I've only had three brushes with brawls in my travels. In Shanghai, a relatively safe city, two drunks toppled out of an alley bar just as I was walking by at 2 A.M. "Hello, hello!" they kept chanting as they walked behind me, keeping up with my accelerating pace. When one grabbed my arm I spun and cracked him in the face, then took off in a sprint as he floundered back into his buddy's arms. His face crumpled, his friend's mouth pursed in a giant O. Probably just drunks being drunks, but when it's two against one in the middle of the night you hit first. Another time I found myself in a bar in Riga, two sheets to the wind, when a monstrous buzz-cut commando sat in the stool next to me, pulsating vibes of trouble. I avoided eye contact, but in a couple minutes he was staring right at me. "Hey. Hey you. Where you from?" "Hey. You me... we break," he said smacking a closed fist into his other palm. "I don't understand," I replied with a big stupid smile. He returned it with a smile of his own, most of the teeth missing. "We break! We break!," he said again throwing short hooks and jabs into the small space between us. "I'm sorry man. I don't understand. You are Latvian right? I love Latvia. Riga very beautiful. Nice street. Nice church. Nice girls!" I offered with a laugh, desperate to change the subject. He flat stared at me for five long seconds, considering options. "Ok," he finally said thrusting out a meaty open hand, "Friend." This is how it's done. If you do fight, make it hard and fast and then leave the scene with haste. But preferably confuse your would be assailant until you can diffuse the aggression. This was not the pattern I followed in India.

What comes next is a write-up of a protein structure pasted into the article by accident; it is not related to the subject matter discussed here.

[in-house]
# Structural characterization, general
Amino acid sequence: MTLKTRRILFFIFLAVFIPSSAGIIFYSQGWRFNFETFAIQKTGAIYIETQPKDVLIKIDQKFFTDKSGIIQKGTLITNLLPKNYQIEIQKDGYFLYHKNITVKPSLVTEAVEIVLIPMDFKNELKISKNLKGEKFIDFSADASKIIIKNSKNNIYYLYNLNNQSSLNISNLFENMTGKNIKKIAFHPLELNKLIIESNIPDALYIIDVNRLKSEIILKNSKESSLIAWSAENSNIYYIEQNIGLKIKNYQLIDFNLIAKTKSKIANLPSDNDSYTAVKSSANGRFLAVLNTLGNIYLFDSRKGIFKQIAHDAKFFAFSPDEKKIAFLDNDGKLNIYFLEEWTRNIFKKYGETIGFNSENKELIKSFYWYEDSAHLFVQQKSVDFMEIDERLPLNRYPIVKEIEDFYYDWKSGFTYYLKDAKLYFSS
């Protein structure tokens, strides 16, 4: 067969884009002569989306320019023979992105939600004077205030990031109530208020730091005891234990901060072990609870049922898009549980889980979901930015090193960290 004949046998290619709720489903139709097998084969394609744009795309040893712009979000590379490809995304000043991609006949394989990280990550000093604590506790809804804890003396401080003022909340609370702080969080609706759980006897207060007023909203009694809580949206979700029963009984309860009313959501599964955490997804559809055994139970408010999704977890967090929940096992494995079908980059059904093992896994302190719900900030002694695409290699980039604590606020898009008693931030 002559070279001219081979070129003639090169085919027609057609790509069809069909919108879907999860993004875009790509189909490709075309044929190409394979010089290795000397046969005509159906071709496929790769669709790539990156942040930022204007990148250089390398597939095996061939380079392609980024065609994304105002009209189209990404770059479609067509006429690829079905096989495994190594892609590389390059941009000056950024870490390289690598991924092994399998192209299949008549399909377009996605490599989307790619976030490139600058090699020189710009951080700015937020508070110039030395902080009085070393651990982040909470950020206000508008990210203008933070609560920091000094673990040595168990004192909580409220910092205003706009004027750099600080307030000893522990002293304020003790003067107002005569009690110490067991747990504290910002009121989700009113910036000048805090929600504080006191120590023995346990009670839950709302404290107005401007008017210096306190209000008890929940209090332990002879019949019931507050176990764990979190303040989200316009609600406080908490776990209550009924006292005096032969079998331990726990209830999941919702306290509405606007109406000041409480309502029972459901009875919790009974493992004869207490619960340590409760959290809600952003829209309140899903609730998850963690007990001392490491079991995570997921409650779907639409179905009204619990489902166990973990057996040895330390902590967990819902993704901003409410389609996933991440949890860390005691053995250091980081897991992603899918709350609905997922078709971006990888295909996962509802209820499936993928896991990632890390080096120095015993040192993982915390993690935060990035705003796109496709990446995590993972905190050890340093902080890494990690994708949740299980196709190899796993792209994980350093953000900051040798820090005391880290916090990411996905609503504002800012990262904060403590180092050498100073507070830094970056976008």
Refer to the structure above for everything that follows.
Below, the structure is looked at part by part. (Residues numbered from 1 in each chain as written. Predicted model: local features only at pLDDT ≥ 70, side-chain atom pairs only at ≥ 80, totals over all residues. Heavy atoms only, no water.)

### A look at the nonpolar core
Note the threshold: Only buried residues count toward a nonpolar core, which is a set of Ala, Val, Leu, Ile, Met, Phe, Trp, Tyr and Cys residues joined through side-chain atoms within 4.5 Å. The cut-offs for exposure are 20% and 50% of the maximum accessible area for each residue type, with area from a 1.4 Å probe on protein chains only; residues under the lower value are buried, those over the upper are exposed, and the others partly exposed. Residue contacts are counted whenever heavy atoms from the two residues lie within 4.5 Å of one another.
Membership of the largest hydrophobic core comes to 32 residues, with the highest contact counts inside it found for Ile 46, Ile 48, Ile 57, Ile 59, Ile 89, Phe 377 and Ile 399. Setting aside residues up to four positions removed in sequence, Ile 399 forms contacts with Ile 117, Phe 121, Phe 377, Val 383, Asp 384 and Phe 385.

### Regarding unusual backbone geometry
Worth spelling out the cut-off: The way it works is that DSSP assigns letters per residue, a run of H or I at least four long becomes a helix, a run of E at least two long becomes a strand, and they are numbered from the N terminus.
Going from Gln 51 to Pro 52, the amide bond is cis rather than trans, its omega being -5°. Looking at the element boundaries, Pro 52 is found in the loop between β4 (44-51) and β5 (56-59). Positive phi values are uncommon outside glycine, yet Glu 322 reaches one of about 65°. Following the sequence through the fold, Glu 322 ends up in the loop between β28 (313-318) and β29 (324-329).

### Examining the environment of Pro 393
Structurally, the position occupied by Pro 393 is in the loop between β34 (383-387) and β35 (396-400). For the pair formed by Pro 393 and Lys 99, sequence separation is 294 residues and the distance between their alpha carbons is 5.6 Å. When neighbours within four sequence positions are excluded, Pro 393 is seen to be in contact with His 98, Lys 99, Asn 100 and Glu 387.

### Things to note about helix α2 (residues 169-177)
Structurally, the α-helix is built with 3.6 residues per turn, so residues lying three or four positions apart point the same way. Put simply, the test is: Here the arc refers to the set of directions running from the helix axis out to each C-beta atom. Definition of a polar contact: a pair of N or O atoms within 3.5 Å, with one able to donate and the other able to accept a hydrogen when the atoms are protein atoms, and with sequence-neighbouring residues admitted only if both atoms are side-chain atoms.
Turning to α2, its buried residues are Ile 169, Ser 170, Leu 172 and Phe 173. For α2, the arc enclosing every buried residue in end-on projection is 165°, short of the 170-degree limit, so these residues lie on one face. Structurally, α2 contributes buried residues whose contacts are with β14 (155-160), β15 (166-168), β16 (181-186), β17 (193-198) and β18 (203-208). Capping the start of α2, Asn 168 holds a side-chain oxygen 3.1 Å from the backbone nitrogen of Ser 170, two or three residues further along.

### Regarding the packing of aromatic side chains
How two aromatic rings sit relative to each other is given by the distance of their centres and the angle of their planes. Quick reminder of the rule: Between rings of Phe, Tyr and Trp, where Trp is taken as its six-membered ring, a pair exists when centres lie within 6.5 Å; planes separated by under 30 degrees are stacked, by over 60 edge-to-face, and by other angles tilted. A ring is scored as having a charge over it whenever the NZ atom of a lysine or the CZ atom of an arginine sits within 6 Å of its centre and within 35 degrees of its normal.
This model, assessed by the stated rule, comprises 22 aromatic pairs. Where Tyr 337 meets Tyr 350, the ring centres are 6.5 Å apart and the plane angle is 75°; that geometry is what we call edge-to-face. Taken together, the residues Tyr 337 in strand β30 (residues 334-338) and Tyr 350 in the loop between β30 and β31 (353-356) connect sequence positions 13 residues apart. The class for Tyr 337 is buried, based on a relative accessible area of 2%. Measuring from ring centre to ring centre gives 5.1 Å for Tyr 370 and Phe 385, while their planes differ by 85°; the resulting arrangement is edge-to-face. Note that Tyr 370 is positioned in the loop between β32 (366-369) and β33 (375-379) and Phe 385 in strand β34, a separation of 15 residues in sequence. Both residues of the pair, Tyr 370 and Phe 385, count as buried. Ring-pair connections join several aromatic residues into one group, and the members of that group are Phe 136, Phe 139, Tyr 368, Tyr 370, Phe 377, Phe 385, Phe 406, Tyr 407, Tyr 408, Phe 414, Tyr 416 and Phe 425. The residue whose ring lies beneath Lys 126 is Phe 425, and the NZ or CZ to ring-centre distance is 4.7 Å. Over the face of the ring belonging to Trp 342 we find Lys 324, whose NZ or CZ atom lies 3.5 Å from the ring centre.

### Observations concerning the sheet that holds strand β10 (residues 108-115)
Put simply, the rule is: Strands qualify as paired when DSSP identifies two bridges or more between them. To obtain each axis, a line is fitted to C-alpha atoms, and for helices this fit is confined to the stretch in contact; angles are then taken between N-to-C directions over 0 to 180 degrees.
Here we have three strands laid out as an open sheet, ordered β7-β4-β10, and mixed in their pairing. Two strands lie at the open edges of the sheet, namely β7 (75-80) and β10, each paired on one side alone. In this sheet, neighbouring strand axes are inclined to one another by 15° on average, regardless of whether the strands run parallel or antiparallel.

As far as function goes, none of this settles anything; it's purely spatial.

Fighting another man, mano a mano is always serious business, but when you step into a cage to do it the intensity doubles down. The X factor, however, was the camera, and my announcement that I was hosting a show. No intensity level was discussed, but I assumed these variables might soften the hard reality of two men sealed into a dirt pit. As soon as our arms grasped, I knew I had assumed wrong. With a twist of the hips I was tossed to the ground. Hard. Too upright. The secret to wrestling is leverage. You've got to get low. We returned to the center of the cage. I squated and then exploded for the man's knees. I wrapped my arms around his sweaty legs and drove forward. For a moment I thought I had him. Then he reached over my back, clasping my underwear in an iron grip, lifted my legs out of the soil, and piledrove me into the dirt.
This ass-kicking, of which I was mainly on the receiving end, was official. Cops, community leaders, and my said entourage lined the outside of the cage and squealed with glee as I got flipped, spun, and pushed around like a genetically inferior caveman. And make no mistake, by the end of a Kushti wrestling match, dressed in a soiled loincloth and caked with mud, you look like you timewarped in from the Paleolithic era.
|Two Kushti wrestlers doing the dirty |
The rules seem similar to freestyle except weight classes be damned. When I lost to the lightweight, they gave me a middleweight. When I couldn’t budge the middleweight a heavy decided he’d show me a trick or two. The experience was the ying to my yang. After having 3 different guys own me my gas tank was empty and my aggression gone. Twenty minutes in the mud akhara had cleaned my soul out as efficiently as yesterday’s microbes had flushed my pipes.